The Princess of Wales died in a car crash in Paris on 31 August 1997 at the age of 36. The 24th anniversary of her death will be marked next week as the public will be allowed to visit a statue of the “People’s Princess”. The statue, in Kensington Palace’s Sunken Garden, was unveiled last month by Diana’s sons, princes William, 39, and Harry, 36. Historic Royal Palaces (HRP) said this week that although the gardens are not currently open on Tuesdays, an exception will be made to mark the day Diana passed away.
During this period, she was more frequently photographed in regular clothes, appearing without the trappings of royalty.
Arthur Edwards, a former royal photographer for The Sun newspaper, recalled this phase of Diana’s life in a recently resurfaced interview.
He was speaking for the 2011 Channel 4 documentary “How Diana’s Death Shaped William & Harry”.
Princes: William and Harry unveil Diana statue
He said: “We tend to think of her as just a gorgeous princess in glamorous gowns and tiaras, but towards the end I think she discarded all that.
“She was just out to try and make a difference, a big difference.”
In the June before her tragic death, Diana decided to sell off 79 of her cocktail and evening dresses.
The charity auction at Christie’s in Manhattan raised $3.25million (£2.37 million – not adjusted for inflation).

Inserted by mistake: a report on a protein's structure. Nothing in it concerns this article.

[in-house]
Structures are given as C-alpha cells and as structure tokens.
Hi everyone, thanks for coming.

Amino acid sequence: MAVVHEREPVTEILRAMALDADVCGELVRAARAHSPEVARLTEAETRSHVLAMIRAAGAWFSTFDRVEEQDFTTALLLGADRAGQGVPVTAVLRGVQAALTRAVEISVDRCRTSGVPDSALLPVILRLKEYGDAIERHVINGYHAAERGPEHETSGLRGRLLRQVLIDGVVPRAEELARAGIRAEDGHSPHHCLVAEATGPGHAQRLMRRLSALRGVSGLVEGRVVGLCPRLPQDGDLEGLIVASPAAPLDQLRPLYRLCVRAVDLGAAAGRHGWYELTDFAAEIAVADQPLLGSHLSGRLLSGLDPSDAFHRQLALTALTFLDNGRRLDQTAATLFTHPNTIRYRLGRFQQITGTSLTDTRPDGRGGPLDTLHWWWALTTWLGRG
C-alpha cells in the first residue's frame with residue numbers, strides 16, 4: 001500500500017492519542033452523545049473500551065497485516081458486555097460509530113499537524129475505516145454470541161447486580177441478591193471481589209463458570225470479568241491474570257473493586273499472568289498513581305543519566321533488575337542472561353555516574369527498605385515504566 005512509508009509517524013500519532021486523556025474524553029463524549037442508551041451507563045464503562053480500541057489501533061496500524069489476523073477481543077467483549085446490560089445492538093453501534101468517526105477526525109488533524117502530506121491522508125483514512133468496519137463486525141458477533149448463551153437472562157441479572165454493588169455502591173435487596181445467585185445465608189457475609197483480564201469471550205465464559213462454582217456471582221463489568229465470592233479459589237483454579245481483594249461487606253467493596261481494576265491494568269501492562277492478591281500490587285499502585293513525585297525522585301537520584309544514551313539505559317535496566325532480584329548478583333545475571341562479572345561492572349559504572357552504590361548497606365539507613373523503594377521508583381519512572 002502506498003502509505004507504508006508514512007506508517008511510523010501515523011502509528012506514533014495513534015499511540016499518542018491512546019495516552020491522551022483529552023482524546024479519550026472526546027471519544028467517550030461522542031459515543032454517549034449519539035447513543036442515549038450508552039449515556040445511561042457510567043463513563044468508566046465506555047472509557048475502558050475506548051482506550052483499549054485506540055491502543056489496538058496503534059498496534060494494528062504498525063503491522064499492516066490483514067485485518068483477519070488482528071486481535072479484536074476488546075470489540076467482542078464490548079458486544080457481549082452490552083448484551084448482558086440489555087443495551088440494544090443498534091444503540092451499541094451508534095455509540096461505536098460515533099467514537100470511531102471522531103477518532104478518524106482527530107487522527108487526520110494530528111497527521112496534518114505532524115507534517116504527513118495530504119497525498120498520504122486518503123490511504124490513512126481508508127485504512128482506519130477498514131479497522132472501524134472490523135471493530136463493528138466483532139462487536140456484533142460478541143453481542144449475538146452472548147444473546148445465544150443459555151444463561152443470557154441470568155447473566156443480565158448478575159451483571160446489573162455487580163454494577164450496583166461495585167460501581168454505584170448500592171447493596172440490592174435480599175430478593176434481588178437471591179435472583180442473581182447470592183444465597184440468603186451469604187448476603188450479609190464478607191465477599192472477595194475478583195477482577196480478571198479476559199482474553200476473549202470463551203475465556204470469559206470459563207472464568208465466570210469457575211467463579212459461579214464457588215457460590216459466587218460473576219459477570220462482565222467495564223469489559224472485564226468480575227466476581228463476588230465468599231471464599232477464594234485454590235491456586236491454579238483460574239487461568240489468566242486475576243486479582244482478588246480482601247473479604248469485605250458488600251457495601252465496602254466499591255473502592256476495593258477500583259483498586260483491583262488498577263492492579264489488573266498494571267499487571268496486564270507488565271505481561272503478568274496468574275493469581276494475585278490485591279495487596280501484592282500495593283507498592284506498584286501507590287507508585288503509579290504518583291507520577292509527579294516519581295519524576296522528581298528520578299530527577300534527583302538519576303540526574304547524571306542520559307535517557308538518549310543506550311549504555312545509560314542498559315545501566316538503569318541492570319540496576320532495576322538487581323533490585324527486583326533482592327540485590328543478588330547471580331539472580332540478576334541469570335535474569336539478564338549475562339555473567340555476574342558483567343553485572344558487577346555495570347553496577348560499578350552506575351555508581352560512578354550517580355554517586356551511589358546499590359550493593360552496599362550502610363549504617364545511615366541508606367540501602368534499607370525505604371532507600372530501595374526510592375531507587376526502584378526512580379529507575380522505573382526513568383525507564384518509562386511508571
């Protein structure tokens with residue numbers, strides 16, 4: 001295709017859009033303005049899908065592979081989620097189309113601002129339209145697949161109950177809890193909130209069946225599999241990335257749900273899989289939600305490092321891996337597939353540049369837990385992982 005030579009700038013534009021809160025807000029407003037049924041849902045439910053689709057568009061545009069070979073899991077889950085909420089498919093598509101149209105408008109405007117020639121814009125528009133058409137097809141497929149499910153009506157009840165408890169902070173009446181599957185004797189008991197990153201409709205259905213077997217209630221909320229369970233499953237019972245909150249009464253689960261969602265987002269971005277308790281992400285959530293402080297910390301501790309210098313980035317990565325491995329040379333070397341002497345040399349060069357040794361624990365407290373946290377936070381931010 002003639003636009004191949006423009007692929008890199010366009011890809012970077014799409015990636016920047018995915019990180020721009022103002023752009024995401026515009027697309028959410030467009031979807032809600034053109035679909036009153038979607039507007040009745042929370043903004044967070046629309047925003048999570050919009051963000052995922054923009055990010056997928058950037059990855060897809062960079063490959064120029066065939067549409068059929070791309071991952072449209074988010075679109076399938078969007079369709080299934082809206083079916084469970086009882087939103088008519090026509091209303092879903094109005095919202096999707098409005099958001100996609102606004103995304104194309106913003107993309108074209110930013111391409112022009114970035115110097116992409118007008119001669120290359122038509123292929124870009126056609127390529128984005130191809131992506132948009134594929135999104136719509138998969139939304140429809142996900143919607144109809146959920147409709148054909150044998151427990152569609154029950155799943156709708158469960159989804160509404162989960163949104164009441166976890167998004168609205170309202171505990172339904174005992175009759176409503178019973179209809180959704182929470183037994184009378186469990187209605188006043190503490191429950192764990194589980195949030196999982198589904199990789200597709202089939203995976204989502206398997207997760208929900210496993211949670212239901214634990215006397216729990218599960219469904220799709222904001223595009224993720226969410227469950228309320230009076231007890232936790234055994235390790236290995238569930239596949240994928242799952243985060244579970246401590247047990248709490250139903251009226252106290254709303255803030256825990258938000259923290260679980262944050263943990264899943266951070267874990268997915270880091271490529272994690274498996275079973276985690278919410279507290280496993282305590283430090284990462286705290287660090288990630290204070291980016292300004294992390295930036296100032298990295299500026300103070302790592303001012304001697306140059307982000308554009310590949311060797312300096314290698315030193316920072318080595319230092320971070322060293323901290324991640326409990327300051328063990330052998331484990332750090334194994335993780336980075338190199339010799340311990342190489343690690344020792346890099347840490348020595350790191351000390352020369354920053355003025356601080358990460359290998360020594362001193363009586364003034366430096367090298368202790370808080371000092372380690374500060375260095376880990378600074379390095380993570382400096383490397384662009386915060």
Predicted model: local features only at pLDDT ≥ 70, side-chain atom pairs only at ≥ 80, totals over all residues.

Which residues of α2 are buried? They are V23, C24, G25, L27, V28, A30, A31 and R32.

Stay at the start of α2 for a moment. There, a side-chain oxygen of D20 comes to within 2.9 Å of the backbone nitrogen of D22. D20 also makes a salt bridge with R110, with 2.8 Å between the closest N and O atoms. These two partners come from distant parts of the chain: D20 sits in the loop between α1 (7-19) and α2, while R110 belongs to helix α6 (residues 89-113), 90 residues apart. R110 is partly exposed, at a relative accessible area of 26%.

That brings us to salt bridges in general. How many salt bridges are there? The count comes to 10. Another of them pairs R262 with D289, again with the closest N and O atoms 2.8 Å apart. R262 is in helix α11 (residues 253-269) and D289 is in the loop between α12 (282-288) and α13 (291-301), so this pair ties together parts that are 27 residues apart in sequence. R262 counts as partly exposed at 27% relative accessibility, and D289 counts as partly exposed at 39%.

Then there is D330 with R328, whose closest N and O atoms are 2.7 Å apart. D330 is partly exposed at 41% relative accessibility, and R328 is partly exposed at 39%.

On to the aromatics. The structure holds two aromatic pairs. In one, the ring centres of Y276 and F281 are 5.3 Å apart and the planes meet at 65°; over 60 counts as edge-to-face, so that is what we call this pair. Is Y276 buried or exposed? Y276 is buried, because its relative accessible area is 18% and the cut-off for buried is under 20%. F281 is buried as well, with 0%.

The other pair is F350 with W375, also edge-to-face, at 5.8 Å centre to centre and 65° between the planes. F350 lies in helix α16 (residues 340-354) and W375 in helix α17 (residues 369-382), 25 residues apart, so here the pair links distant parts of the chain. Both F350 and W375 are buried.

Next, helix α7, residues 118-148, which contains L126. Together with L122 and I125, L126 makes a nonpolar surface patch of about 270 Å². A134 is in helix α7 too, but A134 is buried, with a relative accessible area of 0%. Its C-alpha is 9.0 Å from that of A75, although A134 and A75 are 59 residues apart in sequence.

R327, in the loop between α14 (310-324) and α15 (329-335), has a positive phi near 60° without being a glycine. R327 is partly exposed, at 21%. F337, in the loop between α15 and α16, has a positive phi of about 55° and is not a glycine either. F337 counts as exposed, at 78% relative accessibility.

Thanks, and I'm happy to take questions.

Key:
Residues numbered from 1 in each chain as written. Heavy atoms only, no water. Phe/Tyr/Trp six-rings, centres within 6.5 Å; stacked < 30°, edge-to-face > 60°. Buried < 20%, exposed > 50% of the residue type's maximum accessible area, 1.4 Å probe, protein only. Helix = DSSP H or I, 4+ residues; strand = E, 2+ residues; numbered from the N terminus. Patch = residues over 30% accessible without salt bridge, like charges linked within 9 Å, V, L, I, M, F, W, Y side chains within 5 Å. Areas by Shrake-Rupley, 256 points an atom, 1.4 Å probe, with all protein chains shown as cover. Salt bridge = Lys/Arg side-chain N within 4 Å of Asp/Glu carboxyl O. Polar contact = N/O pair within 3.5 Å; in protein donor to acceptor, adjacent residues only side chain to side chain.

Diana: In famous gown dancing with John Travolta
According to Diana’s biographer Andrew Morton, who wrote the sensational book “Diana: Her True Story – In Her Own Words”, the auction was a sign that Diana was looking ahead to the future.
He told the documentary: “Diana was thinking a lot about her future, how she could strike out on her own and talking about getting rid of some of her clothes.
“Prince William famously said, ‘Why don’t you auction them off and give the proceeds to charity?’
“The gowns were sold in New York and raised [millions] of pounds for charity.”
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The money raised from the sale went to the Royal Marsden Hospital Cancer Fund and AIDS Crisis Trust.
The star garment at the auction was Diana’s so-called “Travolta dress”, which went for more than $200,000.
The Princess of Wales donned the blue velvet Victor Edelstein gown during a visit to the White House at the invitation of then-President Ronald Reagan.
Diana appeared in the now-iconic dress on several occasions, but its legendary status was sealed as the Princess danced with John Travolta at the White House.
The garment was later purchased by charity HRP, which announced last year it would exhibit the dress in Kensington Palace, Diana’s former home.
HRP curator Eleri Lynn said in a statement it was the “right moment to display this exquisite example of British couture created for Diana, Princess of Wales.”
She added: “One of the princess’s most iconic gowns, its wow-factor and timeless elegance prove a fitting introduction to a building embodying those very attributes.”
Source: EXPRESS CO UK